Rhinoplasty
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Rhinoplasty

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For as long as she could remember, this 30 year old woman from the DFW region desired a smaller nose. She is an athletic runner and never has had any breathing problems. When I examined her nose, I found that she had a very strong septum which created a broad dorsal hump. Her nasal tip had poor intrinsic support, as it was held up by the overly projecting septal angle. (The tension tip is more notable upon smiling.) The middle vault region of her nose is narrow and weak, and had inward collapse upon deep breathing. In order to reduce her nose and maintain open airways, I recommended a septorhinoplasty operation utilizing the open technique. With the open technique, I would have more control over the multiple aspects that needed to be addressed at the same time.

The operation started with a component dorsal reduction to achieve the desired dorsal height. I then trimmed the caudal septum to shorten the length of the nose. Next a septoplasty was performed to address the septal deviation. Her septum was notably hypertropic, such that it had a tight C shape with dorsal deviation to the left, internal bowing to the right nasal passage, and the base was off the maxillary crest resting along the floor of the left nasal passage. I harvested the central portion of the septum as graft material, leaving a healthy L-strut. The base of the vertical strut was located in the left nasal passage due to her septal hypertrophy. The redundant portion of the L-strut was trimmed, transposed to the right side of the maxillary crest and secured to assist with correction of the nasal deviation. The dorsum was next finalized utilizing a right sided spreader graft to counteract the dorsal septal deviation with a left auto-spreader to prevent internal valve collapse. Finally, the tip was addressed. I performed a cephalic trim of the lower lateral cartilage to decrease tip volume, placed a columellar strut to provide tip support and then utilized suture techniques to refine the tip.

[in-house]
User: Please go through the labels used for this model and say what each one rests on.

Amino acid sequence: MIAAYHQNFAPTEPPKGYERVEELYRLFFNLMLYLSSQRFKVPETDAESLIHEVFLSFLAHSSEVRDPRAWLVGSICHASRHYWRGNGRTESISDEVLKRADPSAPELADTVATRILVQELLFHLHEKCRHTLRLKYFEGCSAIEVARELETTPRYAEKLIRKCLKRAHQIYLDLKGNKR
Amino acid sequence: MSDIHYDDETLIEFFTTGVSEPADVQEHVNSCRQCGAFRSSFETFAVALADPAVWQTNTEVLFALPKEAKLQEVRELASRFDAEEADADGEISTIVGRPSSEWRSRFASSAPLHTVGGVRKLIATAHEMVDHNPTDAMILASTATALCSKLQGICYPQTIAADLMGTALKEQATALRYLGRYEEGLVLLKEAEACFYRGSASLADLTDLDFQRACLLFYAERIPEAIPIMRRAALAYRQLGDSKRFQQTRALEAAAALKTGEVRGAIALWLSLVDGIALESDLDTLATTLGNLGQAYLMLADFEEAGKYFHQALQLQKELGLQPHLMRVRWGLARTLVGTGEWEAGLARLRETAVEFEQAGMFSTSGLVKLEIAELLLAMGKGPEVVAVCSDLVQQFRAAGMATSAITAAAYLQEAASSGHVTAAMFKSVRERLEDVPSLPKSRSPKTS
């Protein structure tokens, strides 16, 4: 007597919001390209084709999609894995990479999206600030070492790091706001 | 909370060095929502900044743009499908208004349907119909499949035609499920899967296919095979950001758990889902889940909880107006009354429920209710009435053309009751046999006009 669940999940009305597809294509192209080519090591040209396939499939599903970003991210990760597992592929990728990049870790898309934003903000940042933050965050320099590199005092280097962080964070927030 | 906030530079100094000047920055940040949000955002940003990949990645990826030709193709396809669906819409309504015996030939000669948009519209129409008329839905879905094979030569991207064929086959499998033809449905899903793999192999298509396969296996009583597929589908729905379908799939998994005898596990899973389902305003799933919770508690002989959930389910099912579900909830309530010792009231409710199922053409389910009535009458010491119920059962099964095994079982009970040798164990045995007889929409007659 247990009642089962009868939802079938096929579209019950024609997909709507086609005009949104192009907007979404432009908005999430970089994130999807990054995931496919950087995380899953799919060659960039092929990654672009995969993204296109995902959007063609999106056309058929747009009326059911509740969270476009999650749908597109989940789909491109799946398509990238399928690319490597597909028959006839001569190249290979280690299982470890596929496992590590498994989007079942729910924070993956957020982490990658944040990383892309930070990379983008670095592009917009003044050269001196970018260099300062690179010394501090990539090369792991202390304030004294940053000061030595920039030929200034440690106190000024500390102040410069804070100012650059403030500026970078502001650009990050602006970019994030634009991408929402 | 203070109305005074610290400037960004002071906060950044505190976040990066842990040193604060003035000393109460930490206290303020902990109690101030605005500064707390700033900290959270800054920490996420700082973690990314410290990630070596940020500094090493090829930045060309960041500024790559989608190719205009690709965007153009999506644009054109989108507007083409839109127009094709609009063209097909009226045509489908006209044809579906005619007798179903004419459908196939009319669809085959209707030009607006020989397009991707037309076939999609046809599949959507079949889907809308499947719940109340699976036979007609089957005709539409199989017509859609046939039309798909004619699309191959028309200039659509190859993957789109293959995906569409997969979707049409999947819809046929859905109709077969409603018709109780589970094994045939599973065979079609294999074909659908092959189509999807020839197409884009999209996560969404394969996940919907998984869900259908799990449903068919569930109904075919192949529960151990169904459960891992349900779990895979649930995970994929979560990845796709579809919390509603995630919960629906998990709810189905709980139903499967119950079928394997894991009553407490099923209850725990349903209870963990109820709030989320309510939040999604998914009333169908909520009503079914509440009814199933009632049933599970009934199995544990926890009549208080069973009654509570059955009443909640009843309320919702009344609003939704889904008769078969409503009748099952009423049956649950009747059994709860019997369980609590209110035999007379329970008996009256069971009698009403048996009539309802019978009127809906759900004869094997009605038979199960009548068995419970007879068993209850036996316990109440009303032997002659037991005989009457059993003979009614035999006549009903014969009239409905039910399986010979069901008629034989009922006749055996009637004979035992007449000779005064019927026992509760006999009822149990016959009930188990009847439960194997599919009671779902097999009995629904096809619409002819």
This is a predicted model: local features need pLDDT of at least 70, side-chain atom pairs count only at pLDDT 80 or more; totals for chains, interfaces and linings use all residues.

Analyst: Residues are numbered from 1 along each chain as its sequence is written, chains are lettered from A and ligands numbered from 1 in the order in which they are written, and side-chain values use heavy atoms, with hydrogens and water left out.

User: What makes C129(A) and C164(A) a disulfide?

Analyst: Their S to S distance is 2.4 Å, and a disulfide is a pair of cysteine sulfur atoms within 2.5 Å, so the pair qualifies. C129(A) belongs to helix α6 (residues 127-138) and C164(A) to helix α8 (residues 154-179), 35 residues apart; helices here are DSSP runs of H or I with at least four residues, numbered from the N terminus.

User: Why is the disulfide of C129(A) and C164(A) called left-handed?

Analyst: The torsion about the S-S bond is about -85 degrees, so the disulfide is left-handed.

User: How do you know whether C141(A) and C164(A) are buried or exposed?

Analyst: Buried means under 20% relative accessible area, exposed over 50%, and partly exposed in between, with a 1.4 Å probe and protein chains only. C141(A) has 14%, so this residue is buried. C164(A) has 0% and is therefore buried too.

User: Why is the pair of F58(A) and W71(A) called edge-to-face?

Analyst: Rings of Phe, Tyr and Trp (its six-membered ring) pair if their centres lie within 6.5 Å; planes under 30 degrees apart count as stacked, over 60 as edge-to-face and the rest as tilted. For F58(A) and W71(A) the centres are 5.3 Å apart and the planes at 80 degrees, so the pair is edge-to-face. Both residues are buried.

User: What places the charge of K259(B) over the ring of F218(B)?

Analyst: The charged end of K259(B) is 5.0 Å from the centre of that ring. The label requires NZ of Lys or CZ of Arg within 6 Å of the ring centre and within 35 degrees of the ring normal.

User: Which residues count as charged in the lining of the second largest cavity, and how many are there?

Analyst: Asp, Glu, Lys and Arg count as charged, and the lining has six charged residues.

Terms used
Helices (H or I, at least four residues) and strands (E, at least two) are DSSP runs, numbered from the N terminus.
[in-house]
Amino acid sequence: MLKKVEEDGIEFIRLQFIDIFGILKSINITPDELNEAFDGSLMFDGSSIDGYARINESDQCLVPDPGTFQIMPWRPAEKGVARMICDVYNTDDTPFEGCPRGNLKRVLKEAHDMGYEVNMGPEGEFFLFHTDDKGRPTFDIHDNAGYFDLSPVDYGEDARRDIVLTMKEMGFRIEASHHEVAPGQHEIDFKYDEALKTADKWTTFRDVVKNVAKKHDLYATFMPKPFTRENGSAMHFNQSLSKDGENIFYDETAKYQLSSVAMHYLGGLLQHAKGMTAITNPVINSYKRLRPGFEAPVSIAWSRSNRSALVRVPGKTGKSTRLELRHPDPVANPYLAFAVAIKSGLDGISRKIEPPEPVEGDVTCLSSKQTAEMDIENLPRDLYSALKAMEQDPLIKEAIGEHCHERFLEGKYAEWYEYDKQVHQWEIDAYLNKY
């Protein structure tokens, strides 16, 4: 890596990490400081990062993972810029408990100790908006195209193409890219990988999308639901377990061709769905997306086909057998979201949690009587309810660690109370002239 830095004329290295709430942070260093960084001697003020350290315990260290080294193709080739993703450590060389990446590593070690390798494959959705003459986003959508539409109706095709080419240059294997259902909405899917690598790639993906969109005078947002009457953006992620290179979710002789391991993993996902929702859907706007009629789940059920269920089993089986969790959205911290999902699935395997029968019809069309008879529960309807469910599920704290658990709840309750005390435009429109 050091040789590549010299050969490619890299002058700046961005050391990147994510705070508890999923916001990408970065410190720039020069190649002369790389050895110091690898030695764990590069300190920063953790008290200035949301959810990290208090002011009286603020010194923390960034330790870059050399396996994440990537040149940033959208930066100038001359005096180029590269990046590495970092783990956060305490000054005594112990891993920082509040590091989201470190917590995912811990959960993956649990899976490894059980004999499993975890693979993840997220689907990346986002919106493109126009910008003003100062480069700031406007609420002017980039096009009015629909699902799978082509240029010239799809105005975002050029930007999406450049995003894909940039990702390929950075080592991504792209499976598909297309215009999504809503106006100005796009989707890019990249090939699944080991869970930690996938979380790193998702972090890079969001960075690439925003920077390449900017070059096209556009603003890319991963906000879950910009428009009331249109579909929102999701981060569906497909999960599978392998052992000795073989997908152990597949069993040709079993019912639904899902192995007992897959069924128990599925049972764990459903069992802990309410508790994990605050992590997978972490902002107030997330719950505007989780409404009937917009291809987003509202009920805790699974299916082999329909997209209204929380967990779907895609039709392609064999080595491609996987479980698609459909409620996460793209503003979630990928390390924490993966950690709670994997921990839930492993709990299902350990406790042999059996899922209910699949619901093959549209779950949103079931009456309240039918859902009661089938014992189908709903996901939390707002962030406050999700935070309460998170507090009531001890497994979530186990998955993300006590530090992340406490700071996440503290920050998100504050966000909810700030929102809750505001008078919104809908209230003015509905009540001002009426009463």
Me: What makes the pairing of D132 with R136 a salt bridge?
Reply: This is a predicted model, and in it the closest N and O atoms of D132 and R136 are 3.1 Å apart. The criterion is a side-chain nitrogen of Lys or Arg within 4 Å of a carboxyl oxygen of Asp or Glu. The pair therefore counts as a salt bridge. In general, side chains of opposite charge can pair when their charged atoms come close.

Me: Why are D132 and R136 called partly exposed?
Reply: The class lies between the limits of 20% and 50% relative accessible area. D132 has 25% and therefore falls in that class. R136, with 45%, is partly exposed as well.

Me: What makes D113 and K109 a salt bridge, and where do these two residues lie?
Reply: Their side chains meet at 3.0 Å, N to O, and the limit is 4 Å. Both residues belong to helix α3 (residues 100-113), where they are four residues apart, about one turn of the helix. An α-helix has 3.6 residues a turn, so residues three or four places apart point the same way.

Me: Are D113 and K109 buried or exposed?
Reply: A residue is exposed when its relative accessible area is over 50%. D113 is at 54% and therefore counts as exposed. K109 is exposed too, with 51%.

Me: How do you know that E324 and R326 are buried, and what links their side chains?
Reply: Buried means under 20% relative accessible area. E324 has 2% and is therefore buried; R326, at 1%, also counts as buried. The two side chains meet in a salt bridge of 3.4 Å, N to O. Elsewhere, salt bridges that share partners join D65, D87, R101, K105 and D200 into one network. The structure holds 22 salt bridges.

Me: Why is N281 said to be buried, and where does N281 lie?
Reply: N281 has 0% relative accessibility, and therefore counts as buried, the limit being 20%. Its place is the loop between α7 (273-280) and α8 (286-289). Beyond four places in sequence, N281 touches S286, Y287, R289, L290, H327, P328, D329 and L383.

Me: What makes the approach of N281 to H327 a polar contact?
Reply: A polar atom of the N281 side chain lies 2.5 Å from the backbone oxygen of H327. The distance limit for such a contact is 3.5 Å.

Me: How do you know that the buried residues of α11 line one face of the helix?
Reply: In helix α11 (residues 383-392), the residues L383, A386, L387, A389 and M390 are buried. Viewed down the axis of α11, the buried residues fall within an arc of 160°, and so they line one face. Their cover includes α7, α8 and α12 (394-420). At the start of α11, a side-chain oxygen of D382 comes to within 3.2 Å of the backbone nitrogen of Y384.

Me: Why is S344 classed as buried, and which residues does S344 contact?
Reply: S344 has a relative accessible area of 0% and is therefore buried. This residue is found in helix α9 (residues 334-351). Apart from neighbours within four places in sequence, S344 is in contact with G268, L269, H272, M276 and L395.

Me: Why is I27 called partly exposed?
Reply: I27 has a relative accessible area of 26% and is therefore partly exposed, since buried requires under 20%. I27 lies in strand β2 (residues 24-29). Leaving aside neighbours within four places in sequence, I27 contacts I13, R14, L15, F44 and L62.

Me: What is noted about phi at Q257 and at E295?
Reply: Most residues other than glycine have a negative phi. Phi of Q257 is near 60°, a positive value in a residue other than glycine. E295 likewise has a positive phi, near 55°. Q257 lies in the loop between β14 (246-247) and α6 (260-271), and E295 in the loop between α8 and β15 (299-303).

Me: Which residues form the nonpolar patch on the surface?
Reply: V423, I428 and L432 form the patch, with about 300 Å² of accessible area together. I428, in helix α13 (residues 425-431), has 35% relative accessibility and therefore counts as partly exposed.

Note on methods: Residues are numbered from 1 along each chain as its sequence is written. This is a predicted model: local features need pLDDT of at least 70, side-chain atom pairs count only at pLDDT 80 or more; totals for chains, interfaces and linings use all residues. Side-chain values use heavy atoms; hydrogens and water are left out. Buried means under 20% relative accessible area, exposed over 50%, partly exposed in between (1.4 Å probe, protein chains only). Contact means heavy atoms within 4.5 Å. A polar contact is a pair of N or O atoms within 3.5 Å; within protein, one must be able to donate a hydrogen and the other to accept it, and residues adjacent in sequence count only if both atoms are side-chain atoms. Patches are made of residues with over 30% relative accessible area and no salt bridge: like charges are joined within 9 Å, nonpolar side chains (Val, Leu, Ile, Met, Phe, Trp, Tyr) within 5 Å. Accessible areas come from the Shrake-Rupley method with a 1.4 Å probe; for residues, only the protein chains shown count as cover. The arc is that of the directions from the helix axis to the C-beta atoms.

Her recovery was relatively uneventful, and she now loves her nose! Post operative photos are shown at 16 months after surgery. She is back to running marathons with no breathing problems and is enjoying life.

Surgeon: Michael A. Bogdan MD
Age: 30

Rhinoplasty

Case 181 Details

Procedures Performed
  • Rhinoplasty

For as long as she could remember, this 30 year old woman from the DFW region desired a smaller nose. She is an athletic runner and never has had any breathing problems. When I examined her nose, I found that she had a very strong septum which created a broad dorsal hump. Her nasal tip had poor intrinsic support, as it was held up by the overly projecting septal angle. (The tension tip is more notable upon smiling.) The middle vault region of her nose is narrow and weak, and had inward collapse upon deep breathing. In order to reduce her nose and maintain open airways, I recommended a septorhinoplasty operation utilizing the open technique. With the open technique, I would have more control over the multiple aspects that needed to be addressed at the same time.

The operation started with a component dorsal reduction to achieve the desired dorsal height. I then trimmed the caudal septum to shorten the length of the nose. Next a septoplasty was performed to address the septal deviation. Her septum was notably hypertropic, such that it had a tight C shape with dorsal deviation to the left, internal bowing to the right nasal passage, and the base was off the maxillary crest resting along the floor of the left nasal passage. I harvested the central portion of the septum as graft material, leaving a healthy L-strut. The base of the vertical strut was located in the left nasal passage due to her septal hypertrophy. The redundant portion of the L-strut was trimmed, transposed to the right side of the maxillary crest and secured to assist with correction of the nasal deviation. The dorsum was next finalized utilizing a right sided spreader graft to counteract the dorsal septal deviation with a left auto-spreader to prevent internal valve collapse. Finally, the tip was addressed. I performed a cephalic trim of the lower lateral cartilage to decrease tip volume, placed a columellar strut to provide tip support and then utilized suture techniques to refine the tip.

Her recovery was relatively uneventful, and she now loves her nose! Post operative photos are shown at 16 months after surgery. She is back to running marathons with no breathing problems and is enjoying life.

Surgeon: Michael A. Bogdan MD
Age: 30

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